FIG. 11 is a diagram showing a comparison of the magnetic field profiles along the coil axis (r=0, z) for the computed field and the corresponding measured values for one of the prototype coils according to an embodiment of the present invention.

FIG. 12 is a diagram showing the computed field (a) which would be produced by one unit of current using only the bottom coil and the field (b) from the twolayer shielded coil according to an embodiment of the present invention.

FIG. 13 is a diagram illustrating computed values for the onaxis magnetic fields for the two cases of FIG. 12 according to an embodiment of the present invention.

FIG. 14 is a graph showing the expected variation in SNR for a particular inspection region and for different interference levels and coil layer spacings according to an embodiment of the present invention.
BEST MODE FOR CARRYING OUT THE INVENTION

Reference will now be made in detail to the present preferred embodiments of the present invention, examples of which are illustrated in the accompanying drawings, wherein like reference numerals refer to like elements throughout.

Definition(s): As used herein, the term “asymmetric” when referring to the plural coils of a detector or coil array means that the coils are nonidentical, that is, at least one coil of the plurality of coils has a different geometry, different number of turns or windings, or differs in some other physical or operating parameter from the other coil or coils of that embodiment.

Theory Used to Derive Coil Designs

For our purposes it is sufficient to assume that the RF frequency is low enough that displacement current terms can be neglected—that is, we are in the long wavelength limit. For NQR frequencies of the order of 1 MHz and coil dimensions of 1 m or less, this is a reasonable assumption. In addition, for this derivation we assume all regions outside the coils are free from magnetic, dielectric, and electrically conducting media and we specialize to the cylindrically symmetric problem with planar surface coils. We also will assume that the coil is designed and constructed so that it is sensitive only to magnetic fields and not directly to electric fields.

We first examine a singlelayer coil and develop a computational methodology for optimizing the current distribution using a variational approach and/or a diagonalization of the corresponding eigenvalue problem. We then extend to the case of a gradiometer using two coaxial coils and demonstrate both theoretically and experimentally that such a coil can be constructed to be selfshielded in one half space but still produce a usable field in the other half space. We then consider the tradeoff between SNR and immunity to RF interference for such a gradiometer when used for NQR detection.

SingleLayer Coils

We consider the basic coil geometry shown in FIG. 4. The inspection volume of interest is taken to be a cylinder of radius a in the halfspace z>0. The coil is in the plane z=0. The ends of the cylinder are at z=b and z=c, b<c, as shown. The axis of the cylinder defines the zaxis of our cylindrical coordinate system. For the computations included here, units are chosen so that a=1. Our main goal is to maximize the field in the inspection region which is produced by the coil when used as a transmitter, while at the same time minimizing the field produced elsewhere.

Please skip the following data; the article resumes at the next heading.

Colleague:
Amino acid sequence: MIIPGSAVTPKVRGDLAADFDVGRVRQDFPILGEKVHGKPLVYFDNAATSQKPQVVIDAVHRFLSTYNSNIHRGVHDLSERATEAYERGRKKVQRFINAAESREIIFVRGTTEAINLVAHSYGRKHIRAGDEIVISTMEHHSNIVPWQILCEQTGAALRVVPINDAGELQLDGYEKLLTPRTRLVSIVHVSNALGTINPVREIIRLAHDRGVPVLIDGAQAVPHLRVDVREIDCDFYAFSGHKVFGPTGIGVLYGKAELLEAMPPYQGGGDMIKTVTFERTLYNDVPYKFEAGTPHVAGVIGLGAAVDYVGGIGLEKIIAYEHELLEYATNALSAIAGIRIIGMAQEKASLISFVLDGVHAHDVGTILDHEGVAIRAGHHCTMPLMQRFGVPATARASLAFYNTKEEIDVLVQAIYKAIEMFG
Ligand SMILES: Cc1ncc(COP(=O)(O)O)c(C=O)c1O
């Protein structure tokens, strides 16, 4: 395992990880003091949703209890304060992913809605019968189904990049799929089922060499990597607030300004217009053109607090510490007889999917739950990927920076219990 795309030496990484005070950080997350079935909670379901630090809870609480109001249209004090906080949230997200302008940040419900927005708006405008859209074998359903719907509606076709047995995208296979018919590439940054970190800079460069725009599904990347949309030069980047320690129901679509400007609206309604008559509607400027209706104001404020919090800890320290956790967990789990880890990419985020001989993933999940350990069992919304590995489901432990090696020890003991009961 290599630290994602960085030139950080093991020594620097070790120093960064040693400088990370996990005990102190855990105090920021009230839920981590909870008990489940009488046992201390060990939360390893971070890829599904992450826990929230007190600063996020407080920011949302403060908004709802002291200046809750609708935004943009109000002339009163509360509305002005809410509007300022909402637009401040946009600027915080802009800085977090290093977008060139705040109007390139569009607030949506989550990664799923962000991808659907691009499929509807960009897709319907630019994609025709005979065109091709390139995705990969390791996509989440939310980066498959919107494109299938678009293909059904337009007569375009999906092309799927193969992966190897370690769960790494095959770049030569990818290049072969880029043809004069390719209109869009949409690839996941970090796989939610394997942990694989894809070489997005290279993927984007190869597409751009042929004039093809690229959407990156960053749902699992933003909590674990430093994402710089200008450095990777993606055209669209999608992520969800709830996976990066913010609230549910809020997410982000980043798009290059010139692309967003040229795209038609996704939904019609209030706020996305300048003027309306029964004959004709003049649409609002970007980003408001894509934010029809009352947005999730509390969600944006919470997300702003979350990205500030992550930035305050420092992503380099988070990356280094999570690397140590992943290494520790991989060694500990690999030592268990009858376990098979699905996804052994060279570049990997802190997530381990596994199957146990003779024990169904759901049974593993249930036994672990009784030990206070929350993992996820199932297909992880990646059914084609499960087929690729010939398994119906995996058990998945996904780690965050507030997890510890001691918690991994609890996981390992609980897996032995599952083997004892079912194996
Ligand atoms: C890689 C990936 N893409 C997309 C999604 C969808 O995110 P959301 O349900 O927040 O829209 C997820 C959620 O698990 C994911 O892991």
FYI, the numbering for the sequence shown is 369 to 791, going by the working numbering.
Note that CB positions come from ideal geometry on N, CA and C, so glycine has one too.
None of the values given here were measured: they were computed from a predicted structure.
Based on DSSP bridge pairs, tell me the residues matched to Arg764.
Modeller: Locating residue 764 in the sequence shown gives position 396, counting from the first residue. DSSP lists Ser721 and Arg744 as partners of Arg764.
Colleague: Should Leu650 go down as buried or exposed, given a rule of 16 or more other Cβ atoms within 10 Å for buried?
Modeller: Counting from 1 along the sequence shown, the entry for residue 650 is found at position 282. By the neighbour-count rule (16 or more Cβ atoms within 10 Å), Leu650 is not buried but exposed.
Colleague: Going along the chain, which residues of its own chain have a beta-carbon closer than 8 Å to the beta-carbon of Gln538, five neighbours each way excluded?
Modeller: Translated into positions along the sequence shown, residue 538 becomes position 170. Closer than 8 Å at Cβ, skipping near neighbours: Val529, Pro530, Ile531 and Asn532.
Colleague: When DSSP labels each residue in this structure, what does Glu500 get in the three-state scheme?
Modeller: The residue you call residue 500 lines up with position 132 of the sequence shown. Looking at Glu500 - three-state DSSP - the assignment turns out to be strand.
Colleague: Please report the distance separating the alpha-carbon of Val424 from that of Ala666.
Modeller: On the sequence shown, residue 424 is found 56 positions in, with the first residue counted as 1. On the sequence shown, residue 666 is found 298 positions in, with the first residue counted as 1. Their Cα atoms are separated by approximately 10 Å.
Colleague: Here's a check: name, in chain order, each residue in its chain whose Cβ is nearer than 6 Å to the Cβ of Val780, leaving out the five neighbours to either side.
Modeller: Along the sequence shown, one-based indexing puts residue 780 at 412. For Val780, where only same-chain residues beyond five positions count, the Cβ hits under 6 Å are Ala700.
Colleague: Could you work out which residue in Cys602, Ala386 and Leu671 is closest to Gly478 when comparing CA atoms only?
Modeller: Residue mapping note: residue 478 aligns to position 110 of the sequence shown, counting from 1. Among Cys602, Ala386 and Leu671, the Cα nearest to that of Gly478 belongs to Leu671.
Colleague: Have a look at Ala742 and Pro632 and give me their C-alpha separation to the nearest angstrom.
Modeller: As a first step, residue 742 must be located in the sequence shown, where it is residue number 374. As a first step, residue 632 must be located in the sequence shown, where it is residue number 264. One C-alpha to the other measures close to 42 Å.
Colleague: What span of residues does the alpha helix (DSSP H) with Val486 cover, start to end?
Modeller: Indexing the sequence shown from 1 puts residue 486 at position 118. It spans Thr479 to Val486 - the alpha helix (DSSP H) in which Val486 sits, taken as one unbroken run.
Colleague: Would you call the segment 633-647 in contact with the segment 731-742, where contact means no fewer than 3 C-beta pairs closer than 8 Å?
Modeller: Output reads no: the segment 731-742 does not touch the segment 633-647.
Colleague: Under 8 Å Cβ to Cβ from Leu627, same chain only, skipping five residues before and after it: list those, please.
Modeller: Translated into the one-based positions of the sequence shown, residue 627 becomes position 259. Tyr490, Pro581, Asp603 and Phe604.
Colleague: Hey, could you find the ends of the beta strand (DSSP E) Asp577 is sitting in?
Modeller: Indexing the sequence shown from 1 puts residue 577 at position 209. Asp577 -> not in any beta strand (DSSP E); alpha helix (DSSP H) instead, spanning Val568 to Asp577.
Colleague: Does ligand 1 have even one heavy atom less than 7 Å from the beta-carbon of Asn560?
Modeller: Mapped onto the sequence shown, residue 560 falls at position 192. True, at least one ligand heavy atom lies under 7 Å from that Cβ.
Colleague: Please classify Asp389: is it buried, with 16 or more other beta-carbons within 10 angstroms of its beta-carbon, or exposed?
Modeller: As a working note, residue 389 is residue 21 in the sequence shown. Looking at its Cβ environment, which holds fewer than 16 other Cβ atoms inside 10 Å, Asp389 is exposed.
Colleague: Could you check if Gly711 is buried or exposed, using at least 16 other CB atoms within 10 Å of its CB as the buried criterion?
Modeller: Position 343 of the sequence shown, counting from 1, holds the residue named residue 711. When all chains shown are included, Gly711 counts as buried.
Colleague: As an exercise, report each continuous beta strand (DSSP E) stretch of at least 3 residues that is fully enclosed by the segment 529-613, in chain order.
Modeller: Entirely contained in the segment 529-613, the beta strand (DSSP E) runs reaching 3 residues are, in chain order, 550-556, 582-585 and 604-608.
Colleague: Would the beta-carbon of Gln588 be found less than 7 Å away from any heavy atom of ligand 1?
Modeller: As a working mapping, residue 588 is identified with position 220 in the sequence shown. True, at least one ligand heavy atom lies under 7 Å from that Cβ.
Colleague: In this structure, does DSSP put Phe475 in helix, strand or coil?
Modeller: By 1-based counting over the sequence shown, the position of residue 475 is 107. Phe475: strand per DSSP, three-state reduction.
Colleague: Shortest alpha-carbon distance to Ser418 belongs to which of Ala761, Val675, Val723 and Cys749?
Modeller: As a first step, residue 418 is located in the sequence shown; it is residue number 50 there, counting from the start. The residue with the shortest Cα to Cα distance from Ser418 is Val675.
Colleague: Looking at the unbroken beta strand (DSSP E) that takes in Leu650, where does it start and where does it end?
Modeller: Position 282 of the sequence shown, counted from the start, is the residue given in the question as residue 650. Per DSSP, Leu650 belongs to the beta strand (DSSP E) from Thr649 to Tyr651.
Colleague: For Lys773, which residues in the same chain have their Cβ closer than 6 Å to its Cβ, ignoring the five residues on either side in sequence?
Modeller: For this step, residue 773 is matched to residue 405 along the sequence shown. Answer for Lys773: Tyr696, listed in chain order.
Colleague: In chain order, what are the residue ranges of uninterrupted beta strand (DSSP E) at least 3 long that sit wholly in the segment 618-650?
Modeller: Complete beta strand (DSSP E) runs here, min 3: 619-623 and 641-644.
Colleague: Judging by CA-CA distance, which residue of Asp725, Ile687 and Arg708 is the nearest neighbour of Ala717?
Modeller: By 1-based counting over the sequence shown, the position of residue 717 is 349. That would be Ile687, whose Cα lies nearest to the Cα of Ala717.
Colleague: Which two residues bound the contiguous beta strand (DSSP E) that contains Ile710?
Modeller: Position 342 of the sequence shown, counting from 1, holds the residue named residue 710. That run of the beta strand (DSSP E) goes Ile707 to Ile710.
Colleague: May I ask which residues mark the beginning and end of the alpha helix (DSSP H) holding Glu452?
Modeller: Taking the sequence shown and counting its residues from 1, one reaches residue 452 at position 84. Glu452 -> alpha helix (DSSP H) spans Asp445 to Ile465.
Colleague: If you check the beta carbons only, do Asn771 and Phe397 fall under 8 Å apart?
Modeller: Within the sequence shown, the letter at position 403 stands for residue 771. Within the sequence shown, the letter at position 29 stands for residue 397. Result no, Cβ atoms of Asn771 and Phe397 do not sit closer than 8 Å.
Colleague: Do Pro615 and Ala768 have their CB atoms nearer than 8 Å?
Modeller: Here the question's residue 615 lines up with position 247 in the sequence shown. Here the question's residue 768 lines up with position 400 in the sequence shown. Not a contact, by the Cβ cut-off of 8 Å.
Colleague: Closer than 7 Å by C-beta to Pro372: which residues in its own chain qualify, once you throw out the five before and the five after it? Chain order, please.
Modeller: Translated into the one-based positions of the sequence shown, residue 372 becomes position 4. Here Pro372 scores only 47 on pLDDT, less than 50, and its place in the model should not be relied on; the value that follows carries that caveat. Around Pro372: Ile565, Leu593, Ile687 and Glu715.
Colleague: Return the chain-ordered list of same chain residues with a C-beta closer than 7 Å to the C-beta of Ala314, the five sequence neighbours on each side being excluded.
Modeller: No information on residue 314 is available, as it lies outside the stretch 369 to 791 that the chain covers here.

In the region away from the coil, z≠0, it is straightforward to show that the general solution to Maxwell's equations in cylindrical coordinates, neglecting the displacement current term and restricted to finite solutions with cylindrical symmetry, can be written
$\begin{array}{cc}\begin{array}{c}{B}_{z}={\int}_{0}^{\infty}\alpha \text{\hspace{1em}}A\left(\alpha \right){J}_{0}\left(\alpha \text{\hspace{1em}}r\right){e}^{\alpha \uf603z\uf604}d\alpha \\ {B}_{r}={\int}_{0}^{\infty}\alpha \text{\hspace{1em}}A\left(\alpha \right){J}_{0}^{\prime}\left(\alpha \text{\hspace{1em}}r\right){e}^{\alpha \uf603z\uf604}d\alpha ={\int}_{0}^{\infty}\alpha \text{\hspace{1em}}A\left(\alpha \right){J}_{1}\left(\alpha \text{\hspace{1em}}r\right){e}^{\alpha \uf603z\uf604}d\alpha \\ {B}_{\theta}=0,\end{array}& \left(1\right)\end{array}$
where J_{0 }and J_{1 }are Bessel functions and the “expansion coefficients,” A(α), are at this point arbitrary. The boundary condition at z=0 provides the relation between the expansion coefficients and the surface current density, K_{c}(r),
$\begin{array}{cc}{K}_{c}\left(r\right)\infty \text{\hspace{1em}}\stackrel{\u22d2}{z}\times B\left(r,z=0\right)={B}_{r}\left(r,z=0\right)\stackrel{\u22d2}{\vartheta}=\stackrel{\u22d2}{\vartheta}{\int}_{0}^{\infty}\alpha \text{\hspace{1em}}A\left(\alpha \right){J}_{1}\left(\alpha \text{\hspace{1em}}r\right)d\alpha & \left(2\right)\end{array}$
where the proportionality constant depends on the units used.

There are several useful quantities we will compute starting with equation 1. For example, the total energy in the magnetic field (in convenient units) is
$\begin{array}{cc}{E}_{\mathrm{tot}}={\int}_{\mathrm{all}\text{\hspace{1em}}\mathrm{space}}{d}^{3}x{\uf603B\uf604}^{2}=4\pi {\int}_{0}^{\infty}d\alpha \text{\hspace{1em}}{A}^{2}\left(\alpha \right).& \left(3\right)\end{array}$
For coils with uniform resistivity, the dissipation in our coil, W, is
$\begin{array}{cc}W\text{\hspace{1em}}\infty {\int}_{0}^{\infty}2\pi \text{\hspace{1em}}rdr\text{\hspace{1em}}{K}_{\theta}^{2}=2\pi {\int}_{0}^{\infty}d\mathrm{\alpha \alpha}\text{\hspace{1em}}{A}^{2}\left(\alpha \right)& \left(4\right)\end{array}$
and the magnetic energy within the cylindrical inspection volume is
$\begin{array}{cc}\begin{array}{c}{E}_{V}=2\pi {\int}_{0}^{a}rdr{\int}_{b}^{c}dz{\uf603B\uf604}^{2}\\ =2\pi {\int}_{0}^{\infty}d\alpha {\int}_{0}^{\infty}d{\alpha}^{\prime}A\left({\alpha}^{\prime}\right)G\left({\alpha}^{\prime},\alpha \right)A\left(\alpha \right),\end{array}& \left(5\right)\end{array}$